Argentinians Ask to #Freethebooks

New restrictions on the importation of books have spurred outraged on social networks in Argentina. With Regulation 28/2012 [es] (created on February 28, 2012), the Argentine Ministry of Economics and Public Finance [es] has, via the Secretariat of Internal Commerce, stipulated new measures that will apply to the importation and national manufacture of commodities that contain printer ink, as well as shellac and lacquer, for the graphic industry.

The measure includes books, which means that although Argentina has its own graphic industry, it also covers the importation of those books that are not edited on the national level. Foreign publications will have to certify that the ink used in graphic products does not contain more than 0.06% lead.

Book fair in the streets - Photo: Laura Schneider

Book fair in the streets – Photo: Laura Schneider

Hernan Casciari [es], Argentinian writer and journalist based in Barcelona, received a call from a Spanish radio station along with many questions, as he comments on his blog [es]:

Querían saber por qué, desde hoy, los argentinos no podemos recibir publicaciones literarias extranjeras, ni revistas científicas, ni novelas, ni ensayos, ni cualquier tipo de libro, en nuestros domicilios particulares, ni en nuestras universidades, ni en nuestros laboratorios.

They wanted to know why, starting today, we Argentinians could not receive foreign literary publications, nor scientific magazines, novels, essays, nor any type of book at our home addresses, our universities, or our laboratories.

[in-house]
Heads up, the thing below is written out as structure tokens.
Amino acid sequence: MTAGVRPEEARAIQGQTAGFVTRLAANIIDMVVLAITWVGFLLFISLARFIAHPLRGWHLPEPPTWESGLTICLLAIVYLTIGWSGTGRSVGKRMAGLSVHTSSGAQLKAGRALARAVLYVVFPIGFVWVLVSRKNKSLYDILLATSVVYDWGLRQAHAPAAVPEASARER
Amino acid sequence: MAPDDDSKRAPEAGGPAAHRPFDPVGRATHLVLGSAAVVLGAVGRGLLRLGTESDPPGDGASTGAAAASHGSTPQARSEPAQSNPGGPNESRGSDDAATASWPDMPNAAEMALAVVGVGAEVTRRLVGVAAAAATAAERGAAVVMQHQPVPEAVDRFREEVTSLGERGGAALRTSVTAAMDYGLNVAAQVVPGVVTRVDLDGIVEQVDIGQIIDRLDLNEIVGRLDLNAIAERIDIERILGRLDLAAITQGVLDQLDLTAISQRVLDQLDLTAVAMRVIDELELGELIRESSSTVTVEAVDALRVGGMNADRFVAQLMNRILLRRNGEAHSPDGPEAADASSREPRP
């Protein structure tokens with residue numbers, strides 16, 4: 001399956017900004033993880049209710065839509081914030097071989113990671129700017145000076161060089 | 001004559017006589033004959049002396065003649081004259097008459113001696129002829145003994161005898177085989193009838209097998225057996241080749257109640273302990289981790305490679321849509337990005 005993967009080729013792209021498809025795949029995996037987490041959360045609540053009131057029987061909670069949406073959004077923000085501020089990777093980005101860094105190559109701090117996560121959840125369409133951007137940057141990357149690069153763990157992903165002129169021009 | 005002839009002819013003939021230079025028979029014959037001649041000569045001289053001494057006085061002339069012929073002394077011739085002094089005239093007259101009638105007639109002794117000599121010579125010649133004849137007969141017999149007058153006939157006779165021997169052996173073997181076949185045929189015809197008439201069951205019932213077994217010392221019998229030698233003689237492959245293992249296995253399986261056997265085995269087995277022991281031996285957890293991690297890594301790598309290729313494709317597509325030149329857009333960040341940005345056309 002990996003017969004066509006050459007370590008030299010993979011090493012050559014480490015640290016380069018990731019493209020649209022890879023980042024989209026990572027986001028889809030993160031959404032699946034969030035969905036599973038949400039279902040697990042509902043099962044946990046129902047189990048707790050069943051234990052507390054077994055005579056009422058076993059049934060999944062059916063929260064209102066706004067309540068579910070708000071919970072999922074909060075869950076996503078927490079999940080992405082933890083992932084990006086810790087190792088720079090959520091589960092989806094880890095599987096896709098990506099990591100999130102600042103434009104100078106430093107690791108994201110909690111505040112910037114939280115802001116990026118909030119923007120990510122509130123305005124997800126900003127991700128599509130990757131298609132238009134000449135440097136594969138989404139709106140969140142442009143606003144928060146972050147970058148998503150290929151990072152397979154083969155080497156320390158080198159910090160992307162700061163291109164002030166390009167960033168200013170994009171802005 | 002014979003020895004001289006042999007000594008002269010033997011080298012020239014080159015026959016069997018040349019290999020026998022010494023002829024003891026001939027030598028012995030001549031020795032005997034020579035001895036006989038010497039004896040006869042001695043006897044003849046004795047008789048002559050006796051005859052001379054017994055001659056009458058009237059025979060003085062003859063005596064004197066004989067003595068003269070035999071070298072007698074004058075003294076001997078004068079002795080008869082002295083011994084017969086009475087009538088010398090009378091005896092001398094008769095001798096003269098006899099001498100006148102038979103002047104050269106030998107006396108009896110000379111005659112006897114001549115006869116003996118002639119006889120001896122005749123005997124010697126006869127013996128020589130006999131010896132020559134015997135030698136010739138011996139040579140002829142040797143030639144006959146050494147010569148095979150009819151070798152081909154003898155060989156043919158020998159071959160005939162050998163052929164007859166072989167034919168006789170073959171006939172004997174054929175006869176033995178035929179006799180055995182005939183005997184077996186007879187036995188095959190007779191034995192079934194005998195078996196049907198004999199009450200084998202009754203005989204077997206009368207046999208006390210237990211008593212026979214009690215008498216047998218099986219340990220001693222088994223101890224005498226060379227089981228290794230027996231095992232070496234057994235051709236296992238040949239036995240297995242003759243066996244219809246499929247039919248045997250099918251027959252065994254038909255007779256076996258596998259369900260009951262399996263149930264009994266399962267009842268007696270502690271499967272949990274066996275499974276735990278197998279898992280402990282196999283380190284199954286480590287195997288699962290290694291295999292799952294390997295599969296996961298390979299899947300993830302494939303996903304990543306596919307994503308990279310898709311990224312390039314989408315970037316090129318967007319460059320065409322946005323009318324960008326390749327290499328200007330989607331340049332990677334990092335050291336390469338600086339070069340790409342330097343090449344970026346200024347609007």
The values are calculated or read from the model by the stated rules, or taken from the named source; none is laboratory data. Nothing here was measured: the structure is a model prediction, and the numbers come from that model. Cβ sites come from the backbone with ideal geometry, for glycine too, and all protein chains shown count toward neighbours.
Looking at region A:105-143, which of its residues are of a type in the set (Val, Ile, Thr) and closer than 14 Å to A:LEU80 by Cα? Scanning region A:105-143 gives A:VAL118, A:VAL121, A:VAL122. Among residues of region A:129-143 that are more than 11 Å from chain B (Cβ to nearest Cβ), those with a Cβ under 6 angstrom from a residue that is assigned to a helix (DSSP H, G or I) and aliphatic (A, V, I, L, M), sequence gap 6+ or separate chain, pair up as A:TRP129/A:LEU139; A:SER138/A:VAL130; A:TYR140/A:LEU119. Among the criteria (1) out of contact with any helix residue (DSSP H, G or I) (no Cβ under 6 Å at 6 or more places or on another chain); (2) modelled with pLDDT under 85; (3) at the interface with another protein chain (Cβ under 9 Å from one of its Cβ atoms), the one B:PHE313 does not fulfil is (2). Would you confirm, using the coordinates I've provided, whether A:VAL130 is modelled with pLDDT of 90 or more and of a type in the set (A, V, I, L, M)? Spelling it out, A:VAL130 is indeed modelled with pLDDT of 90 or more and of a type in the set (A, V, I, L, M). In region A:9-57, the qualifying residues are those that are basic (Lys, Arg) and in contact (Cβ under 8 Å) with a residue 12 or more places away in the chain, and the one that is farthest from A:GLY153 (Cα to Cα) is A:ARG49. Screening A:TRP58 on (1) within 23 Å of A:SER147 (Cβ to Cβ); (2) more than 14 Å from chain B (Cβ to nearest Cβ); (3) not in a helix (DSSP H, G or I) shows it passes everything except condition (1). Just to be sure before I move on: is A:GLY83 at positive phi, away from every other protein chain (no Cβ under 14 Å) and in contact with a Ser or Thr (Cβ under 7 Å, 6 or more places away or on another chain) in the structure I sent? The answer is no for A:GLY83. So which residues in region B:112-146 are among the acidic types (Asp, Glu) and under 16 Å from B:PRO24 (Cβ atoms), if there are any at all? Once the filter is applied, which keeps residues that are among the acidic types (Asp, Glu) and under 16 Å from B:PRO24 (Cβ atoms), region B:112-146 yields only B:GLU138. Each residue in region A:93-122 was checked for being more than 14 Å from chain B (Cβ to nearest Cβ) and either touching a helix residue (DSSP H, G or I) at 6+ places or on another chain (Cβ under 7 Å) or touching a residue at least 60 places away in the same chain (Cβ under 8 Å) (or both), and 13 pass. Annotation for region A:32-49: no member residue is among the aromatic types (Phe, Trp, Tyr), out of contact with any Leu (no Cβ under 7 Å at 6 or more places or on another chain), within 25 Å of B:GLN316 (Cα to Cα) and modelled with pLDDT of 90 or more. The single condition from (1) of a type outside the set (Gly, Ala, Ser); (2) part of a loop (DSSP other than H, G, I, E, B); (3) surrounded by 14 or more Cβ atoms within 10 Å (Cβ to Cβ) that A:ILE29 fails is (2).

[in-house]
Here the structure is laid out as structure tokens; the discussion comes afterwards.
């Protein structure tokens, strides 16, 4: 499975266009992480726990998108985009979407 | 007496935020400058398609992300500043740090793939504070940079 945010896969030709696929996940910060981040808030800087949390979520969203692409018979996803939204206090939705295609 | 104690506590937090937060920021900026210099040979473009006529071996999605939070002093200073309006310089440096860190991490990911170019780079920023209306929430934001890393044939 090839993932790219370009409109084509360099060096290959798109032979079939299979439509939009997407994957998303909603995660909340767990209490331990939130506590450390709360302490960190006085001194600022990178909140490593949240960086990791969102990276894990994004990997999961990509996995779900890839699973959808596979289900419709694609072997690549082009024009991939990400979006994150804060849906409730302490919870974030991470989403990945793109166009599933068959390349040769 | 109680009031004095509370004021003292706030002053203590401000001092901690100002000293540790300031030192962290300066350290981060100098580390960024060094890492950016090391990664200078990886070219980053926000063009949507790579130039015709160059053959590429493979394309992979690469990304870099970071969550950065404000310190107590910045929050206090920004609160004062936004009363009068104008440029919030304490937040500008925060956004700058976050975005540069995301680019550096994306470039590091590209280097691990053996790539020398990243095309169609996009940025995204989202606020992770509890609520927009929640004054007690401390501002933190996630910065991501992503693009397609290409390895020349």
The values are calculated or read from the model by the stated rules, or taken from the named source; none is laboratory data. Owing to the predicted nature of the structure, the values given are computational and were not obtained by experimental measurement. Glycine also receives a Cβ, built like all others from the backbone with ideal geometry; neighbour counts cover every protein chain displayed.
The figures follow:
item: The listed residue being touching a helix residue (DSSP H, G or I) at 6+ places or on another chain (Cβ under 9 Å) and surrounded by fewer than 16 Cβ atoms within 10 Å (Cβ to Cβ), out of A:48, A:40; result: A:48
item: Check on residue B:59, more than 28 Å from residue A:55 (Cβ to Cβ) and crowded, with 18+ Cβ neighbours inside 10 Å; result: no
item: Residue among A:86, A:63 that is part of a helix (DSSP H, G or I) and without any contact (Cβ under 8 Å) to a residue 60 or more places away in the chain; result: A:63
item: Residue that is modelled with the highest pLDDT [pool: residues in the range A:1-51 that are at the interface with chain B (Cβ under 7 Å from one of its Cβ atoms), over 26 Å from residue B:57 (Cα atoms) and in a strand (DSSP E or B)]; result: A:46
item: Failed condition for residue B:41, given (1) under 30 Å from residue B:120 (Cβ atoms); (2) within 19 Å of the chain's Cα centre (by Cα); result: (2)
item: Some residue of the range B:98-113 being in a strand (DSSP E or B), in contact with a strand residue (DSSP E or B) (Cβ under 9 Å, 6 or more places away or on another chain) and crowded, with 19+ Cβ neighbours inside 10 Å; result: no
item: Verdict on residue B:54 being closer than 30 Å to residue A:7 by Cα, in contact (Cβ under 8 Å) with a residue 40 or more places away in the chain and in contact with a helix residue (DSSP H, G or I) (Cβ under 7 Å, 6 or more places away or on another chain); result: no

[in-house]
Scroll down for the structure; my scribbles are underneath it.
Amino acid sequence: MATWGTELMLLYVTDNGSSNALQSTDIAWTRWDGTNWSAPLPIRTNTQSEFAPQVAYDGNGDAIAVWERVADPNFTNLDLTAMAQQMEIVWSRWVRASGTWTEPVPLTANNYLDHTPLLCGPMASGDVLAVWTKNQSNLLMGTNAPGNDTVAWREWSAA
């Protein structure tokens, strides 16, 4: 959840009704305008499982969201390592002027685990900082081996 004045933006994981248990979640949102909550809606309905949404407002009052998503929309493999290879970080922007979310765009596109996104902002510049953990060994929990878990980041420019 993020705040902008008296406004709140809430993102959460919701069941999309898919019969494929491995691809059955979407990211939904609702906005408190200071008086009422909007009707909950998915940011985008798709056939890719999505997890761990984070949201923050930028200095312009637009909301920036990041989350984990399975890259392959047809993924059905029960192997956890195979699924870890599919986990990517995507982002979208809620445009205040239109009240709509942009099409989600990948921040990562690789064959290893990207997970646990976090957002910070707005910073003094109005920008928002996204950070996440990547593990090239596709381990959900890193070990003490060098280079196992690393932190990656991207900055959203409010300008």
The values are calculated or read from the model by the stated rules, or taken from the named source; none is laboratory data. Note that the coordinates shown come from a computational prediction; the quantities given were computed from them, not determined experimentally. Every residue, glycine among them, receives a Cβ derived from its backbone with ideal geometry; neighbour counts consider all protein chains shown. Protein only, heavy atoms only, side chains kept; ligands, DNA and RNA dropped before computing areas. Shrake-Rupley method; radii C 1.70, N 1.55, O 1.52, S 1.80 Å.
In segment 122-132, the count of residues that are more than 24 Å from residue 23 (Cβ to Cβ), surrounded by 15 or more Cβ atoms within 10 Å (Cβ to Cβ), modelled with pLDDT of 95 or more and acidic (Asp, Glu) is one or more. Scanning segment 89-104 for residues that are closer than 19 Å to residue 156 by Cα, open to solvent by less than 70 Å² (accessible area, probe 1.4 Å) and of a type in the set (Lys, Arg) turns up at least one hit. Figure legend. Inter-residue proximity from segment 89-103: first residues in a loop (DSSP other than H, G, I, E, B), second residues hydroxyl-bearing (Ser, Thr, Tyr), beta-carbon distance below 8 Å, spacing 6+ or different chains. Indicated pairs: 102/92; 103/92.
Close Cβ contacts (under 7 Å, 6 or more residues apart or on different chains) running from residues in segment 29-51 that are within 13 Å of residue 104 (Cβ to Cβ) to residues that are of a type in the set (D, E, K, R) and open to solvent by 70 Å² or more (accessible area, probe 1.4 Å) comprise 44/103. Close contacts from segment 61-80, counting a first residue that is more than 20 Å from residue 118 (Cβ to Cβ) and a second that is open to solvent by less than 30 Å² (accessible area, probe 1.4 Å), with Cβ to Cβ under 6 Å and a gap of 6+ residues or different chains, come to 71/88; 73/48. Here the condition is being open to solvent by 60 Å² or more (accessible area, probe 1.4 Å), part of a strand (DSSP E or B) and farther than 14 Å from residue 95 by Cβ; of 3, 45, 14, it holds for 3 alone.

Diego Tirelli shows his astonishment in the blog Según el cristal con que se mire [es]:

Sólo faltaba el aislamiento cultural (no me digas que van a prohibir los Simpsons!!! Se pudre). Llegó (nooooooooooo). La última decisión de Moreno, que frenó la importación de libros y su compra por Internet, es una de las más autoritarias que tomó la democracia argentina (no frenó la compra en internet, frenó la impostación. El libro lo podes leer en un ebook reader fabricado en Tierra del Fuego). Los pretextos que respaldan esa decisión son embusteros

The only thing missing is cultural isolation (don't tell me they're going to ban The Simpsons!!! It rots).  It arrived (nooooooooooo). Moreno's last decision, which curbed the importation of books and their online purchase, is one of the most authoritarian that the Argentine democracy has taken (it didn't curb online purchase, it curbed the taxing. You can read the book on an eReader made in Tierra del Fuego.) The pretexts that support this decision are false.

Diego continues [es]:

Los libros no son de consumo masivo, es cierto, pero son un símbolo de la libertad.(los libros son un simbolo de libertad. Frase que va a mi Top Ten de bolufrases históricas) ¿Sabe la Presidenta que las restricciones a los libros (y, por lo tanto, a la cultura y al conocimiento) son una vieja expresión del oscurantismo político? ¿Aspira a que ese sea el legado de su presidencia? Los libros aparecen, así, como otro enemigo en la larga saga presidencial de batallas culturales y de guerras políticas

Books are not mass consumed, that's true, but they are a symbol of freedom. (books are a symbol of freedom. A quote I saw on my Top Ten historic Boluquotes) Does the President know that the restrictions on books (and consequently on culture and knowledge) are an antiquated expression of political obscurantism? Does she aspire to make this her presidency's legacy? Books appear, as such, as another enemy in the long presidential saga of cultural battles and political wars.